The Effect of Vitamin D3 on Lanthanum Absorption: Suggestive Evidence for a Shunt Path
Deciphering the path that calcium takes during the absorptive process will be of significant importance in understanding the calcium absorption mechanism and vitamin D action. The usual model (cf. Calc. Tissue Research 2, 301, 1968) depicts Ca entering the epithelial cell across the brush border, moving through the cytoplasma as the free ion or in association with a complexer, and then being extruded from the cell across the basal membrane by a Ca pump or by a Na-Ca exchange mechanism. Energy is required either directly via ATP input or indirectly via the maintenance of a sodium-gradient. This intracellular path model undoubtedly pertains to that calcium which is actively transported. However, there is sufficient evidence suggesting that Ca is also absorbed by a diffusional process, a process that is vitamin D-dependent, as is the active transport mechanism (cf. WASSERMAN, 1974). The question arises as to whether those calcium ions that are diffusionally transmitted use the same route as those calcium ions being actively transported. Certain kinetic data, such as the enhanced bidirectional calcium permeability of the intestine by vitamin D (WASSERMAN and KALLFELZ, 1962; MARTIN and DELUCA, 1969) and thermodynamic calculations (WASSERMAN and TAYLOR, 1969; WASSERMAN, 1974) suggest a possible non-cytoplasmic (or paracellular) path for calcium translocation.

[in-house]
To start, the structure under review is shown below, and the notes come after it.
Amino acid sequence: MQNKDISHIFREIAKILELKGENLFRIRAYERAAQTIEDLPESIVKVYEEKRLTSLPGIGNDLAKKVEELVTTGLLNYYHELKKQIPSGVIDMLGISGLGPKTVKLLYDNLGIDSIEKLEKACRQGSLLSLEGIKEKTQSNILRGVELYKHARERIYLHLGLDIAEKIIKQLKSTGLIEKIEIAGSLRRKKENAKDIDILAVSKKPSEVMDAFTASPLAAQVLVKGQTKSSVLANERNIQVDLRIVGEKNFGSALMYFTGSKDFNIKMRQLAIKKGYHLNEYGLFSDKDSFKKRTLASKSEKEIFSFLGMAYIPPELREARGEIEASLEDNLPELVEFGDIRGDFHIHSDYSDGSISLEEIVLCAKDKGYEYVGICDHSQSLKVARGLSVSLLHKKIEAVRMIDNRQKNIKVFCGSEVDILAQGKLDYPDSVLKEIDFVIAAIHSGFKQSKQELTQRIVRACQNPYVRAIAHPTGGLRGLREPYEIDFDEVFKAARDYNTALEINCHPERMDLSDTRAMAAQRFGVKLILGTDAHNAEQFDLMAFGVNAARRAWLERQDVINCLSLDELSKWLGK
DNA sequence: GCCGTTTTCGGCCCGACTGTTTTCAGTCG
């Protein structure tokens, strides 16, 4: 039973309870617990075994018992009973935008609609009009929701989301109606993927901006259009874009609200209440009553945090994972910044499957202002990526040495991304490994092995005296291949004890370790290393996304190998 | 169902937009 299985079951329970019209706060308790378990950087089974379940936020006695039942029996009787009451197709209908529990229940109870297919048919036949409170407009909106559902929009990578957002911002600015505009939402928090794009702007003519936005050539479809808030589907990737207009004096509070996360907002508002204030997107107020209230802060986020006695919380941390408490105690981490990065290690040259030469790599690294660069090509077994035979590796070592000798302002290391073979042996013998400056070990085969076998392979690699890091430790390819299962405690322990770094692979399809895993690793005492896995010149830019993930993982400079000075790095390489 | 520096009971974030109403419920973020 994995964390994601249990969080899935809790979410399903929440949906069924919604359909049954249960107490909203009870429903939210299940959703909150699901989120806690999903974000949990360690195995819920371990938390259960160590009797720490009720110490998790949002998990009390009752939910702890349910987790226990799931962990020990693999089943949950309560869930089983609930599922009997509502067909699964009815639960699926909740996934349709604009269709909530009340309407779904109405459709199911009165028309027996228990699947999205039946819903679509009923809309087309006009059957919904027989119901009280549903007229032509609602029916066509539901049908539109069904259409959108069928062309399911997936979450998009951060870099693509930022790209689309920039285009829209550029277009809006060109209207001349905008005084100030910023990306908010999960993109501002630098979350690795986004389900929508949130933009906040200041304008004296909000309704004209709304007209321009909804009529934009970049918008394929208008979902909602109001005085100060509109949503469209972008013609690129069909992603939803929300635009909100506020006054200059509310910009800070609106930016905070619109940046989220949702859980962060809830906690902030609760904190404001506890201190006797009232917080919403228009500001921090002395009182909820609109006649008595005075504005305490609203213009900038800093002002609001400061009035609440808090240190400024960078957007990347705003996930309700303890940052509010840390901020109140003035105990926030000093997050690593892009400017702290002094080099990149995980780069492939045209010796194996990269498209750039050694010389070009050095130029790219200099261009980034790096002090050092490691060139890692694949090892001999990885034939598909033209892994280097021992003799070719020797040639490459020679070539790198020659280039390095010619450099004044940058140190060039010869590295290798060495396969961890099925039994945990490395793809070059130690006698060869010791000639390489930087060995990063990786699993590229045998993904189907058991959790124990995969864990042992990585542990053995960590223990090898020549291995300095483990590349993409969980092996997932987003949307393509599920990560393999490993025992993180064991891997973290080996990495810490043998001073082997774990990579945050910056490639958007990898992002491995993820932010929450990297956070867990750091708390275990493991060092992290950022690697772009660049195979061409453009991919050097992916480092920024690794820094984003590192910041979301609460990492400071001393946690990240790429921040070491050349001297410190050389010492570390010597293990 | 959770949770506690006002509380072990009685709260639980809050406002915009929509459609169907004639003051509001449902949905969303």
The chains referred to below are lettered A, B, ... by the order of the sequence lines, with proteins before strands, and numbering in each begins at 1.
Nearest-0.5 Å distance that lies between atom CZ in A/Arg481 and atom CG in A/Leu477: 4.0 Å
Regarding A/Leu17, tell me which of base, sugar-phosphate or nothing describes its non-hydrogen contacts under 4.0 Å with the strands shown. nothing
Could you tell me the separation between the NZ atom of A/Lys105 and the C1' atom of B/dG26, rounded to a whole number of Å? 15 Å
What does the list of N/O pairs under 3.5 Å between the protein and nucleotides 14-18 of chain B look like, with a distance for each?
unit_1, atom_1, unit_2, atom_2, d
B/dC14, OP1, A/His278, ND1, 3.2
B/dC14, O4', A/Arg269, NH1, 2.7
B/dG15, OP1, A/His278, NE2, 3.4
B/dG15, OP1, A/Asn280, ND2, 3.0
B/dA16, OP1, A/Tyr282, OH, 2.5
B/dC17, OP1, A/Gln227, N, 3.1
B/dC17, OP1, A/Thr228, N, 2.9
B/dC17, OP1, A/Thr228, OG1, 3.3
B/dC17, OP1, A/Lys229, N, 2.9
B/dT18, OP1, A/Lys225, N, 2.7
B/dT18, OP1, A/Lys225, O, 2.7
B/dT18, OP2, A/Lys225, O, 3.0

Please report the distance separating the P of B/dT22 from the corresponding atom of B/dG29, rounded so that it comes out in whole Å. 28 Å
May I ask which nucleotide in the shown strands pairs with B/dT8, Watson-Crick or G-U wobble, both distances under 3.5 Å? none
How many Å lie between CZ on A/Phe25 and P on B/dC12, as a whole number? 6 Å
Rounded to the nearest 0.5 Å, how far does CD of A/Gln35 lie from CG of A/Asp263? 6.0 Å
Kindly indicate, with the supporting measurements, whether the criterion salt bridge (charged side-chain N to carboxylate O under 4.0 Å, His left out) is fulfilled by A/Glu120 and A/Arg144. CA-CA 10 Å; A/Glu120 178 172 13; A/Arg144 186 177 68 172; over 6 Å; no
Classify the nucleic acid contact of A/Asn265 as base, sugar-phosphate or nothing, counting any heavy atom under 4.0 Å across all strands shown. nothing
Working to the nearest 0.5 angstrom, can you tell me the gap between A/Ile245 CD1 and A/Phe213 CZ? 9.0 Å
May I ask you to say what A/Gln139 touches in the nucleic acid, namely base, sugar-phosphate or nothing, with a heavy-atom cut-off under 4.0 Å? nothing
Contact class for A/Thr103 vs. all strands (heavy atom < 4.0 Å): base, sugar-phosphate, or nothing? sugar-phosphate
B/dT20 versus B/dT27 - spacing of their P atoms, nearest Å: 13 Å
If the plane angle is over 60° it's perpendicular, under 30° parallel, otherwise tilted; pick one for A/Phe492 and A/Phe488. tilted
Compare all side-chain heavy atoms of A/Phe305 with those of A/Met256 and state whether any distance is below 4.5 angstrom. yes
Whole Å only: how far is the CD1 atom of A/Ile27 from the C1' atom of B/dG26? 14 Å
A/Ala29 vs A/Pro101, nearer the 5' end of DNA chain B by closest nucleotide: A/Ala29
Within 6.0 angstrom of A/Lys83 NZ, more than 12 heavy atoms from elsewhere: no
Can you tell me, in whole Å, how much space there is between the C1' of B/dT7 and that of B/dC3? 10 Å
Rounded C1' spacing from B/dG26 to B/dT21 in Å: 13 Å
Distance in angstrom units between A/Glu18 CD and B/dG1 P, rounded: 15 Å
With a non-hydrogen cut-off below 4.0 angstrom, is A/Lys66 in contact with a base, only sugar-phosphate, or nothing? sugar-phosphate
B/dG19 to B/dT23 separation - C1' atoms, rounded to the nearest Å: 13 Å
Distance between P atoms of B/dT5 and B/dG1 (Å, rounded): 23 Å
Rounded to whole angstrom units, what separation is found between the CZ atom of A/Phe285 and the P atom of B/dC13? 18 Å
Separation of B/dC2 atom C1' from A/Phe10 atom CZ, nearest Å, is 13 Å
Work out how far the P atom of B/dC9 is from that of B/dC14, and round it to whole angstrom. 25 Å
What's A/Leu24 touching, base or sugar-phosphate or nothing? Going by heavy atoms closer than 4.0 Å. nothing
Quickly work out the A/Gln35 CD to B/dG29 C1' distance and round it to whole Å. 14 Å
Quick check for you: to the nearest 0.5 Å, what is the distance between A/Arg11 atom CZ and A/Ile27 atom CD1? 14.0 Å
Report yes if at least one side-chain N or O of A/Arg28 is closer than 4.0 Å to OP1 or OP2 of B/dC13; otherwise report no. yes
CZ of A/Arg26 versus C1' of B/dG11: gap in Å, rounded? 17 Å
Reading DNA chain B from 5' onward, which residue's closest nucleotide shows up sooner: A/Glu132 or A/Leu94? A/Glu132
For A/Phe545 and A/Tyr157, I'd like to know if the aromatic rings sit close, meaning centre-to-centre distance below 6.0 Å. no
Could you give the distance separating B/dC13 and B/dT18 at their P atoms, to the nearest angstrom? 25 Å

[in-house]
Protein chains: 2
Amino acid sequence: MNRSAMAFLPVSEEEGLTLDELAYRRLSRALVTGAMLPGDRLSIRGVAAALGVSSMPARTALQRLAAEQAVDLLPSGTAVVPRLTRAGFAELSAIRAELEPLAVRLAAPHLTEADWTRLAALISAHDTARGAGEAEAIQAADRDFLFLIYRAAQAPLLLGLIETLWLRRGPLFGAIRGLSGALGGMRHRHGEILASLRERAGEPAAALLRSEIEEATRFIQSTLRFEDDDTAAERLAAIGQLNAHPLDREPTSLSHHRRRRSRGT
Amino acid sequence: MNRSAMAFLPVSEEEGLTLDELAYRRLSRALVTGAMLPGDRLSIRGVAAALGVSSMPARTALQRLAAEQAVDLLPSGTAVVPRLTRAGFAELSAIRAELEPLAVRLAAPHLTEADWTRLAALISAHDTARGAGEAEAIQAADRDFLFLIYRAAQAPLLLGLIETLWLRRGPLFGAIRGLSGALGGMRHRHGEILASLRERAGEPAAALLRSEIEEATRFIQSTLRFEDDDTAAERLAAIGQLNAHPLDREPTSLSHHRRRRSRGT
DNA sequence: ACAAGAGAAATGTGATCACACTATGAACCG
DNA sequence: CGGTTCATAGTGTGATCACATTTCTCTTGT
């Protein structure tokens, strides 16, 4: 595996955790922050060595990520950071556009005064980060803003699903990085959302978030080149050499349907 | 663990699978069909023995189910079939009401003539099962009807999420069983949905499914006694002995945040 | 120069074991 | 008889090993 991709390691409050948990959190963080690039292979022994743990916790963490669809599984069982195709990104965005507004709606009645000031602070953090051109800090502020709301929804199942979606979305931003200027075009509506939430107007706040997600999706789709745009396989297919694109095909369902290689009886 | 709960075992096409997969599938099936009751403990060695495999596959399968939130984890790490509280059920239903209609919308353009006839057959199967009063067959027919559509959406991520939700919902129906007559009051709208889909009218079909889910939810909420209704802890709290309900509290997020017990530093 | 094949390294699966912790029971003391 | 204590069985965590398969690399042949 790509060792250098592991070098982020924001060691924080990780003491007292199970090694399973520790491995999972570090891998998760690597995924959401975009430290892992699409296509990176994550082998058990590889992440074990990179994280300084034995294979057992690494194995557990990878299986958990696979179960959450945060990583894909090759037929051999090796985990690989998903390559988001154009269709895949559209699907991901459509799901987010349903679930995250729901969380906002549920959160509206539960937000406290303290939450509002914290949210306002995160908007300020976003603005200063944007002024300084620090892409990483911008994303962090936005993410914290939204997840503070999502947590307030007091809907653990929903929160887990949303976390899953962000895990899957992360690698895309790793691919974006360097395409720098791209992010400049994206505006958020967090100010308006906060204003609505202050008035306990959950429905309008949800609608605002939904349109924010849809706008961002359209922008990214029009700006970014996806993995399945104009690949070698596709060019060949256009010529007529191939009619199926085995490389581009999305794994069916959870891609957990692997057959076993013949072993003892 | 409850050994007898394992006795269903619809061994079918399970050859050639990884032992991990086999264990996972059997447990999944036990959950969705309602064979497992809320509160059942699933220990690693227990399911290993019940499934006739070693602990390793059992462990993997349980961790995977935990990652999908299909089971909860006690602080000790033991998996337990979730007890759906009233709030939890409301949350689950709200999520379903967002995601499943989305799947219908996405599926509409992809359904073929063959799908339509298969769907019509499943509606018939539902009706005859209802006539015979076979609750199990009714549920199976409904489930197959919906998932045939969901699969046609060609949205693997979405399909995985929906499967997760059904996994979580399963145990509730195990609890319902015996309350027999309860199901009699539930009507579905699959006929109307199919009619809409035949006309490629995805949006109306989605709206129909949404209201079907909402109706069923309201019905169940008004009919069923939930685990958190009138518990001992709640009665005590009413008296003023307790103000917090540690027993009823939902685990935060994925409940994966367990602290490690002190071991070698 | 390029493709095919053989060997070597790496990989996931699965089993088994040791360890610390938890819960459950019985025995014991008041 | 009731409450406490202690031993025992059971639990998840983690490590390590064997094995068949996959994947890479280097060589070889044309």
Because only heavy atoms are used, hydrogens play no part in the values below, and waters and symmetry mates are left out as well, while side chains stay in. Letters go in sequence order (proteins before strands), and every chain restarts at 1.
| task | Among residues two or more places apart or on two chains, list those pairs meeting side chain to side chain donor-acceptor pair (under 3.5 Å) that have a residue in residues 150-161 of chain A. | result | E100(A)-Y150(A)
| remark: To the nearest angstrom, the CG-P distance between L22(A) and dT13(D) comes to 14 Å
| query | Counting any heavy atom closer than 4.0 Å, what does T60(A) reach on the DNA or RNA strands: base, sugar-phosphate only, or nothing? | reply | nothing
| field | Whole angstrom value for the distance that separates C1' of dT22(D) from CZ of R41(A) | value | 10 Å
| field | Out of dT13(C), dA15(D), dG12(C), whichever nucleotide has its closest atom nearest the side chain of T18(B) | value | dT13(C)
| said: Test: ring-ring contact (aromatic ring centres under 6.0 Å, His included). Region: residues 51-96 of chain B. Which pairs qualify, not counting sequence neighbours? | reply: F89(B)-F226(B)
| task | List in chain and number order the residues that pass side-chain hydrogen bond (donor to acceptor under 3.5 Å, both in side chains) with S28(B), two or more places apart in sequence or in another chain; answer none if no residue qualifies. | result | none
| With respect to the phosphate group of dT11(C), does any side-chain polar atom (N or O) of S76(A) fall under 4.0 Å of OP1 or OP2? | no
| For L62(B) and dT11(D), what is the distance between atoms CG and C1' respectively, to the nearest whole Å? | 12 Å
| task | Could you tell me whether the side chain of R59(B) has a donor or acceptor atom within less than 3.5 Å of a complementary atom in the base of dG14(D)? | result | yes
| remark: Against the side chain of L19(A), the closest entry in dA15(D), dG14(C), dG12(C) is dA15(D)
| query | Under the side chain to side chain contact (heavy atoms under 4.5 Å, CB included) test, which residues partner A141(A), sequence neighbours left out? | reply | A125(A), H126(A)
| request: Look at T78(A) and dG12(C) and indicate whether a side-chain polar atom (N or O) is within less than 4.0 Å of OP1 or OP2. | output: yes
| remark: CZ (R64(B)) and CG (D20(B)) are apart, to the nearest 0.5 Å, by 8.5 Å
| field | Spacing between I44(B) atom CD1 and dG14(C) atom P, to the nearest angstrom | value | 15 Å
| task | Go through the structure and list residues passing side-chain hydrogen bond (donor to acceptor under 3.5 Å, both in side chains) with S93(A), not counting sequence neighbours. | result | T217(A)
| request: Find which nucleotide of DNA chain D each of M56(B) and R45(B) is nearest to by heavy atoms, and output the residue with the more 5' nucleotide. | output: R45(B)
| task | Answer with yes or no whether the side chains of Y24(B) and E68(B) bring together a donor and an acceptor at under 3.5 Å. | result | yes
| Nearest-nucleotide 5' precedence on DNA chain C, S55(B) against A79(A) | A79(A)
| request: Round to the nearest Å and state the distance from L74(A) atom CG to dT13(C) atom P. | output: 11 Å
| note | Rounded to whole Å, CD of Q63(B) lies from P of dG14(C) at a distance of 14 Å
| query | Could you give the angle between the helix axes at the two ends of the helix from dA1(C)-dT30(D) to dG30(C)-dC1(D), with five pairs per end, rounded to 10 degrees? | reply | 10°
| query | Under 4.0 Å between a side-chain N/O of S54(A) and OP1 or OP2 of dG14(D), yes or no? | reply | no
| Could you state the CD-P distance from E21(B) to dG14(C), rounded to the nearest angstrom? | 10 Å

KeywordsPermeability Gall Lanthanum
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